Doula (pronounced doo-luh): a woman wise in the ways of childbirth, who provides continuous physical, emotional and informational support to a labouring woman and her partner.
Although that is not a textbook definition, it is my understanding of what a doula does. But having never attended a birth as a doula, my definition or understanding may change significantly in the weeks to come! My very first client is due any day now, and I have several to follow in the new year.
My decision to begin my doula training started with the birth of my daughter, and the positive experience we had with our doula. Some of you may have heard of the Pain Medications Preference Scale (PMPS) - this is a scale that allows you to explore and clarify your feelings about pain medications in childbirth. My own PMPS score was a -7, which means that I really wanted to have a natural birth for the health of my baby, along with personal gratification, and that I would be disappointed if I used pain medications. Given that I had such strong feelings about pain medications, I needed to find ways to ensure my satisfaction with the birthing experience.
One of the ways to increase your chances for a natural birth is to hire a doula - introducing a doula into the labour room not only improves the bond between mother and infant, but also seems to decrease the incidence of complications and interventions (an intervention is anything that "intervenes" with the normal process of birth). And so we found our doula and went about preparing ourselves for the birth of our first child.
People always ask me "what does a doula do?" My first answer is usually "nothing medical!" There is a misconception that a doula is somehow like a midwife - however, we have no medical training (although women can have medical training outside of their roles and responsibilities as a doula). We never provide medical advice, or try to advocate on a woman's behalf. We are there to support a woman and partner in their health decisions, by providing information and a non-judgemental shoulder to lean on.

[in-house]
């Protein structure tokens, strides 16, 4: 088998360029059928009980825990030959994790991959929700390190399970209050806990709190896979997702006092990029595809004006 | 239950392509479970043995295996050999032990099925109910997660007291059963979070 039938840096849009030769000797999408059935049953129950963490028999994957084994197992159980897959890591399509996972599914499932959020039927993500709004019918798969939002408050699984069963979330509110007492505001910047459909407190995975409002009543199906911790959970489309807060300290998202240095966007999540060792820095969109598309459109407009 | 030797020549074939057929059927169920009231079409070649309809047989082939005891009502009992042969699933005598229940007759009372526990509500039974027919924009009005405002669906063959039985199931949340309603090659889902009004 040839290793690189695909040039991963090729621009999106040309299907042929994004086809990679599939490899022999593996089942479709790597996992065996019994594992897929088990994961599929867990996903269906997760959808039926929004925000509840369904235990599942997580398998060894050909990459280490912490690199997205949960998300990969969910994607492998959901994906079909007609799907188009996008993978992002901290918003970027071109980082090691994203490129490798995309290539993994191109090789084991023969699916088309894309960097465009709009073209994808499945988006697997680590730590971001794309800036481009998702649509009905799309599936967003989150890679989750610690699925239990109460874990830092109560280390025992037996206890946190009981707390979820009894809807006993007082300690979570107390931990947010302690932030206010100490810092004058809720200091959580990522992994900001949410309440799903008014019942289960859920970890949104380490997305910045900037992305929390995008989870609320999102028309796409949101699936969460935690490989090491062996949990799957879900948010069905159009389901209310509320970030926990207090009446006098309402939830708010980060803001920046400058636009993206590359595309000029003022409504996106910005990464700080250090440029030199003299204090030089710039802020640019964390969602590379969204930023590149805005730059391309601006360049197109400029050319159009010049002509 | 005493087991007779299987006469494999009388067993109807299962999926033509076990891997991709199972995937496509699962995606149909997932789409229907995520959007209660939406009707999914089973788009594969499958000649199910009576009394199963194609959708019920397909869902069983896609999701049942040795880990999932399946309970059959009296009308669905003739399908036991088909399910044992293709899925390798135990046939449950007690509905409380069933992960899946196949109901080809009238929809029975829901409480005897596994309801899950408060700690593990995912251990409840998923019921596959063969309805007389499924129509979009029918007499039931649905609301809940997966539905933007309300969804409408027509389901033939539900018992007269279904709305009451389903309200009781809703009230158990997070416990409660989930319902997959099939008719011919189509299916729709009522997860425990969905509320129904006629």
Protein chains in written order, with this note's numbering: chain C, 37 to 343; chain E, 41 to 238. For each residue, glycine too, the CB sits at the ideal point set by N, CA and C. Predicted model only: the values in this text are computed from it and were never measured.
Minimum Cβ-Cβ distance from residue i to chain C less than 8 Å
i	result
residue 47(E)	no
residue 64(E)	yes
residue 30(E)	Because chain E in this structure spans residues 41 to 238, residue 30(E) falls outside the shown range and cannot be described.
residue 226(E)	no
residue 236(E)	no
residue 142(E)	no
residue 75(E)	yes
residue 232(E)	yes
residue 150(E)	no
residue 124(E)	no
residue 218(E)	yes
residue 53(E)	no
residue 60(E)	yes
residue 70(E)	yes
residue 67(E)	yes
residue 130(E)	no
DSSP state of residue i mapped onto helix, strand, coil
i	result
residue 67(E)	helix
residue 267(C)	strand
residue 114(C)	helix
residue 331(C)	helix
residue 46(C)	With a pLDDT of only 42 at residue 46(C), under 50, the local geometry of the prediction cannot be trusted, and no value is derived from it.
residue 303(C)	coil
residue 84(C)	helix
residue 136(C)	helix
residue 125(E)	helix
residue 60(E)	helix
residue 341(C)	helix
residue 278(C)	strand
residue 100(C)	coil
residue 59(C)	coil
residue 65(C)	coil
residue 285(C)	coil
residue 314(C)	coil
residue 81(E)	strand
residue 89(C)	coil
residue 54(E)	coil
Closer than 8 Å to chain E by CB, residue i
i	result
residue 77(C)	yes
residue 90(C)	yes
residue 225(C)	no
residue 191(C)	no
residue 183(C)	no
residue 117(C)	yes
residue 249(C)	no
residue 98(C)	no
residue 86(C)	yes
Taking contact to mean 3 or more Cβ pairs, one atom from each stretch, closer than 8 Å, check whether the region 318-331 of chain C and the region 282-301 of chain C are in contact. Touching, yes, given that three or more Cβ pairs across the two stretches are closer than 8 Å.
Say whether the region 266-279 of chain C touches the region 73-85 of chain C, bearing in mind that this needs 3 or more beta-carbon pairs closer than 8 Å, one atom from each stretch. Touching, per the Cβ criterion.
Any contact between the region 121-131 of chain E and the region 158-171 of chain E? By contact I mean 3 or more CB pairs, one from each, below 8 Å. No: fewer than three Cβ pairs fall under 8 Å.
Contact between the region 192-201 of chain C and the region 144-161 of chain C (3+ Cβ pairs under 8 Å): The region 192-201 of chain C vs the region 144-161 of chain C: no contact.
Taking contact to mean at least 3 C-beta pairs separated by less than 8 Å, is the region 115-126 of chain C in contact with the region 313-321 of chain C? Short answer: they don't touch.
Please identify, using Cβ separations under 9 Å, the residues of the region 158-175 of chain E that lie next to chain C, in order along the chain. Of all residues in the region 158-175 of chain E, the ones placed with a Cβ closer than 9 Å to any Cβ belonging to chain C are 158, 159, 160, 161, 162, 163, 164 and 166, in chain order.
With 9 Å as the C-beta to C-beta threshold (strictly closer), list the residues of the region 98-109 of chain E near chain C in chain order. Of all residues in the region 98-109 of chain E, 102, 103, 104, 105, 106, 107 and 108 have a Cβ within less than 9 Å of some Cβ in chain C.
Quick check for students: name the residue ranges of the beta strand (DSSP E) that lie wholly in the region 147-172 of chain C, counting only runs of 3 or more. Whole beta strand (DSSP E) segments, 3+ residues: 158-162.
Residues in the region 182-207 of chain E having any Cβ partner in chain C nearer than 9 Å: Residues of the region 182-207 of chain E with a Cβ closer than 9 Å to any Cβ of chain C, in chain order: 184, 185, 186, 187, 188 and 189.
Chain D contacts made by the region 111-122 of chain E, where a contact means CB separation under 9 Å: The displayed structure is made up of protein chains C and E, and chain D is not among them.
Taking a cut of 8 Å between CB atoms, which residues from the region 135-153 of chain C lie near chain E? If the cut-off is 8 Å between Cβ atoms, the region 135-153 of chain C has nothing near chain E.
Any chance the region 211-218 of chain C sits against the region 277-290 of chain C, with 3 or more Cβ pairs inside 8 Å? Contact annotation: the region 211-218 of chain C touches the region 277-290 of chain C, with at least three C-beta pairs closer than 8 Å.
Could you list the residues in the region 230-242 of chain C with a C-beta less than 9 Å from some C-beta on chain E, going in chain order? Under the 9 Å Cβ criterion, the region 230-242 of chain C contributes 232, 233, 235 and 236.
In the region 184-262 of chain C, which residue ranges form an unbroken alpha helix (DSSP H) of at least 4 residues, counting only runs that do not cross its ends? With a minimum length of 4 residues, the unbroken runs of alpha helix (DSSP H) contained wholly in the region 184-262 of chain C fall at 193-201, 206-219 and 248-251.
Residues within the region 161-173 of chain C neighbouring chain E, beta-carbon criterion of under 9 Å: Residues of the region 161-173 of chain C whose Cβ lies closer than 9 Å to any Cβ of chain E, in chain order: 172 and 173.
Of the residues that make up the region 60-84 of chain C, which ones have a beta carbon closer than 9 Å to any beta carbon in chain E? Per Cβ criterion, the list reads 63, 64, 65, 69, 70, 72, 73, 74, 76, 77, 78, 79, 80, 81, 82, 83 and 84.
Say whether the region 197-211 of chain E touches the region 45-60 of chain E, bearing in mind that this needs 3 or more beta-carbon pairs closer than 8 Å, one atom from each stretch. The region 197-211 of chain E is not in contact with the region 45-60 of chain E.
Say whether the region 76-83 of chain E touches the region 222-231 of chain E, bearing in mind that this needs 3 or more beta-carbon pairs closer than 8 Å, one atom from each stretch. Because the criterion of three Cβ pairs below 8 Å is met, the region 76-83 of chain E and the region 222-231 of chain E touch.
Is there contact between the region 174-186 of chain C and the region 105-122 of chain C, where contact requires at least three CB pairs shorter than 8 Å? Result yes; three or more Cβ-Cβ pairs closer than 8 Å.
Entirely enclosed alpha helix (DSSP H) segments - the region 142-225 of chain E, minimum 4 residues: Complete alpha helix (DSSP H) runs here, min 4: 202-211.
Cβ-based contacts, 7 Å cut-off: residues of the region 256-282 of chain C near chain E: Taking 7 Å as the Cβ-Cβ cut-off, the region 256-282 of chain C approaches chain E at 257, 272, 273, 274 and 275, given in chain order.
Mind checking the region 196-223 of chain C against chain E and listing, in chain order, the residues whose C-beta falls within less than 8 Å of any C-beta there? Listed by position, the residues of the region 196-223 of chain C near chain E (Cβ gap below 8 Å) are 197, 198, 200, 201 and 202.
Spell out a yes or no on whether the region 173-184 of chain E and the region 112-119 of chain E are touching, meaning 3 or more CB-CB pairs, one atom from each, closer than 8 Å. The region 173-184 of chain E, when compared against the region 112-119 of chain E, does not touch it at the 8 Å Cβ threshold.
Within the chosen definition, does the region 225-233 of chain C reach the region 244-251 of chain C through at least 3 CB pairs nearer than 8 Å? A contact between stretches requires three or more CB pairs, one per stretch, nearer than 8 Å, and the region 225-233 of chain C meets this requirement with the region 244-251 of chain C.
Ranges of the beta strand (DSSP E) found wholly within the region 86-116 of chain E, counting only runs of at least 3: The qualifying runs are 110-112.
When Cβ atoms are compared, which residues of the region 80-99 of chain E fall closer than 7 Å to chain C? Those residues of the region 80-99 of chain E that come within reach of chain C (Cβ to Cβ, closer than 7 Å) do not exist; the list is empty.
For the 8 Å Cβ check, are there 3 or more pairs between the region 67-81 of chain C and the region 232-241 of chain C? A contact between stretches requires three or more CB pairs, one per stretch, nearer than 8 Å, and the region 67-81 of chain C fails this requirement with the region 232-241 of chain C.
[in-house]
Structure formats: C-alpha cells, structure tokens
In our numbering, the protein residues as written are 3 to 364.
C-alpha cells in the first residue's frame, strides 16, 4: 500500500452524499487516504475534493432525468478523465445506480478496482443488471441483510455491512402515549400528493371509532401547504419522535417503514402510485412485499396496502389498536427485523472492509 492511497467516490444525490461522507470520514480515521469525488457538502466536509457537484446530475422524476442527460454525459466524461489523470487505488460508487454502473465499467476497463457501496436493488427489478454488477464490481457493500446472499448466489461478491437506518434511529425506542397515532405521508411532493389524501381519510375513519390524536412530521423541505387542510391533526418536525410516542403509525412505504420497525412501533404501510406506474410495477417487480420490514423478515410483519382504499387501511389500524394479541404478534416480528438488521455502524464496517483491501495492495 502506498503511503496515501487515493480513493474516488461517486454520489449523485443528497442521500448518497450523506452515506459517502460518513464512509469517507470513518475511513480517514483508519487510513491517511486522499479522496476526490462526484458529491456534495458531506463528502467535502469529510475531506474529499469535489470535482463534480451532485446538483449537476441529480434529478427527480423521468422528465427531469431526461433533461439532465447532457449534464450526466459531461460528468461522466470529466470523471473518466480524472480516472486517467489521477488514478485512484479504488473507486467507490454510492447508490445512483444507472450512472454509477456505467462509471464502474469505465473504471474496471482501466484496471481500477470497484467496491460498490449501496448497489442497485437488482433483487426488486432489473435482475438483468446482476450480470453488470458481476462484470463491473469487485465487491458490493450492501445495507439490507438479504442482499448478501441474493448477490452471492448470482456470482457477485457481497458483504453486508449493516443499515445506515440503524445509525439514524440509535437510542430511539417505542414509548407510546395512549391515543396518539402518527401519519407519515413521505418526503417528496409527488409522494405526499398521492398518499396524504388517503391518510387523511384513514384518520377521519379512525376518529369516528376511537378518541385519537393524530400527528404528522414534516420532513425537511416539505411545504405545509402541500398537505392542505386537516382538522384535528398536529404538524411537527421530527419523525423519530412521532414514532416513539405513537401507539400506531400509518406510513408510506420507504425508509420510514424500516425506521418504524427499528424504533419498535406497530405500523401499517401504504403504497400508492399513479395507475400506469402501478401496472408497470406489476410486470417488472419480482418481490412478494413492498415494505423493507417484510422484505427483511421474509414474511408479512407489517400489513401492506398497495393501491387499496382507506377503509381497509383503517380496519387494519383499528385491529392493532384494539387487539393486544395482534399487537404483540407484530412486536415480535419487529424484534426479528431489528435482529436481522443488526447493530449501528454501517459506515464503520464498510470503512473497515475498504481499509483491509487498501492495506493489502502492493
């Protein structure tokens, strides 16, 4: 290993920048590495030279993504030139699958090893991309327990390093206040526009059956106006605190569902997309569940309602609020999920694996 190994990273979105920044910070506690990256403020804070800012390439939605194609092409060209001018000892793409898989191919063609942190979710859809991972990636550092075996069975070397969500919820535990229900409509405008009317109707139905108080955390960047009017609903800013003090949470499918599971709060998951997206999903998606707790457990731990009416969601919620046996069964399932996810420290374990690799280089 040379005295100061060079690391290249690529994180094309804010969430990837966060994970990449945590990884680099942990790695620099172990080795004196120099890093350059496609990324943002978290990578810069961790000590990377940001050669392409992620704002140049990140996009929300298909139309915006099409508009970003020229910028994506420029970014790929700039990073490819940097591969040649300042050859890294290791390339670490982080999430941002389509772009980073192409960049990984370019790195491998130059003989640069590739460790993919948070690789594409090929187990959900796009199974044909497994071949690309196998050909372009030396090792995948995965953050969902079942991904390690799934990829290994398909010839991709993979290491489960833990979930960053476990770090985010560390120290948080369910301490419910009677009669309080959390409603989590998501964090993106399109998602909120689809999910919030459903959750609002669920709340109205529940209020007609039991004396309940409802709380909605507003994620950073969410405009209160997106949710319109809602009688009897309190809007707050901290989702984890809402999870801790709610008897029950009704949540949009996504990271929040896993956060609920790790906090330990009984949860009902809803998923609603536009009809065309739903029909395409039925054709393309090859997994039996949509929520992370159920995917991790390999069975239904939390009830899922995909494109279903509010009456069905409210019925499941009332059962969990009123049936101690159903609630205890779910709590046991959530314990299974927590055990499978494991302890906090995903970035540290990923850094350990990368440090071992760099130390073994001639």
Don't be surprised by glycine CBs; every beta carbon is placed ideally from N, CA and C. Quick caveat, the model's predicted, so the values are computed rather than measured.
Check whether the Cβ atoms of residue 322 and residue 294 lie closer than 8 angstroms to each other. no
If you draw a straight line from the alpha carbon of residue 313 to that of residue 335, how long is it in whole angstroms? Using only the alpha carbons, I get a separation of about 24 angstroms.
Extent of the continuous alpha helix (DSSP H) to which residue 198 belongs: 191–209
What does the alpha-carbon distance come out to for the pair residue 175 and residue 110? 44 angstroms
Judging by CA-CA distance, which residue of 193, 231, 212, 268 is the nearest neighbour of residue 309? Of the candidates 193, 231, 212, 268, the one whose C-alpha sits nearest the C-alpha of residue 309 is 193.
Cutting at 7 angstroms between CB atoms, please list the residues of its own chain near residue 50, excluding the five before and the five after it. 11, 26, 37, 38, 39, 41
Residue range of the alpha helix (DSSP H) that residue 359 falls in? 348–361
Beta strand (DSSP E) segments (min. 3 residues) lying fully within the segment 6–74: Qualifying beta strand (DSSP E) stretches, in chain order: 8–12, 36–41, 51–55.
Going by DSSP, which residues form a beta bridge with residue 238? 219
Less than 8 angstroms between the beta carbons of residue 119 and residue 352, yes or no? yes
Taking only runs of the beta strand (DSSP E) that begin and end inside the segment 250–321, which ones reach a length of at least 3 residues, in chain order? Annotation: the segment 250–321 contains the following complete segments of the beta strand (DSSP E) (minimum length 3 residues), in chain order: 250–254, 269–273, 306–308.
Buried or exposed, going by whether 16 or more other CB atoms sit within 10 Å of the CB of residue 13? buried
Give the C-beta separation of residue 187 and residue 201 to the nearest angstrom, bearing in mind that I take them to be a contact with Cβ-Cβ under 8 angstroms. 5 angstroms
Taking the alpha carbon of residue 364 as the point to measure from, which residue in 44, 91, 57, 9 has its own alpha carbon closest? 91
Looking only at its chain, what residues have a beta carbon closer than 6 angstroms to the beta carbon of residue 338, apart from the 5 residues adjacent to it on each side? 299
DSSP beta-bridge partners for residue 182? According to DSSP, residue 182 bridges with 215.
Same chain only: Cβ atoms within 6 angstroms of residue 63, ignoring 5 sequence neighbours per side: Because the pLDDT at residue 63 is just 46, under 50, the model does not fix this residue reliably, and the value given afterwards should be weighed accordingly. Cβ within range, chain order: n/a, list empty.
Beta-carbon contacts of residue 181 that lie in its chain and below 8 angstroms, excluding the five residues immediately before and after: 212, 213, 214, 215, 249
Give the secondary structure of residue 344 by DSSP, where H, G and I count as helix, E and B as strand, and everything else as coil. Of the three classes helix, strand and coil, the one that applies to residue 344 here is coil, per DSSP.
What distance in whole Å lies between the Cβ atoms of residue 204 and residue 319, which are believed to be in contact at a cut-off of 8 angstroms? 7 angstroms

Some of the things my doula did:
- helped time my contractions when we weren't sure if I was in active labour
- suggested a walk around the block, which really got things moving!!
- held my hands as I gripped onto them with all my strength
- massaged my back
- applied cool and/or warm compresses; wiped the sweat from my brow
- held the bucket while I vomited my red electrolyte drink (water is really best)
- suggested different positions
- supported my back as I pushed
There are probably many more things I have missed or can't remember, but the doula was a very important part of the process.
Another question people ask is "doesn't a doula replace the father or partner?" My answer is "no!" If that is happening, then the doula is not doing a good job. A doula's role should complement the role of the partner, not replace. We work together to support Mom in her efforts with each contraction. We can also provide each other with breaks to grab a coffee, go to the bathroom, or in the case of a really long labour, take a short nap. This means the labouring mother is never alone (unless she wants to be, of course).
Although I will not be changing this blog to become a "Doula Blog," I'm certain that my new experiences will be expressed in my writings and my choice of music. To honour the confidentiality of my clients, I will not be posting any specific information about mothers, fathers or their births. I will speak generally about the role of a doula, and the things that I learn on my journey.
Feel free to share an experience you had with a doula...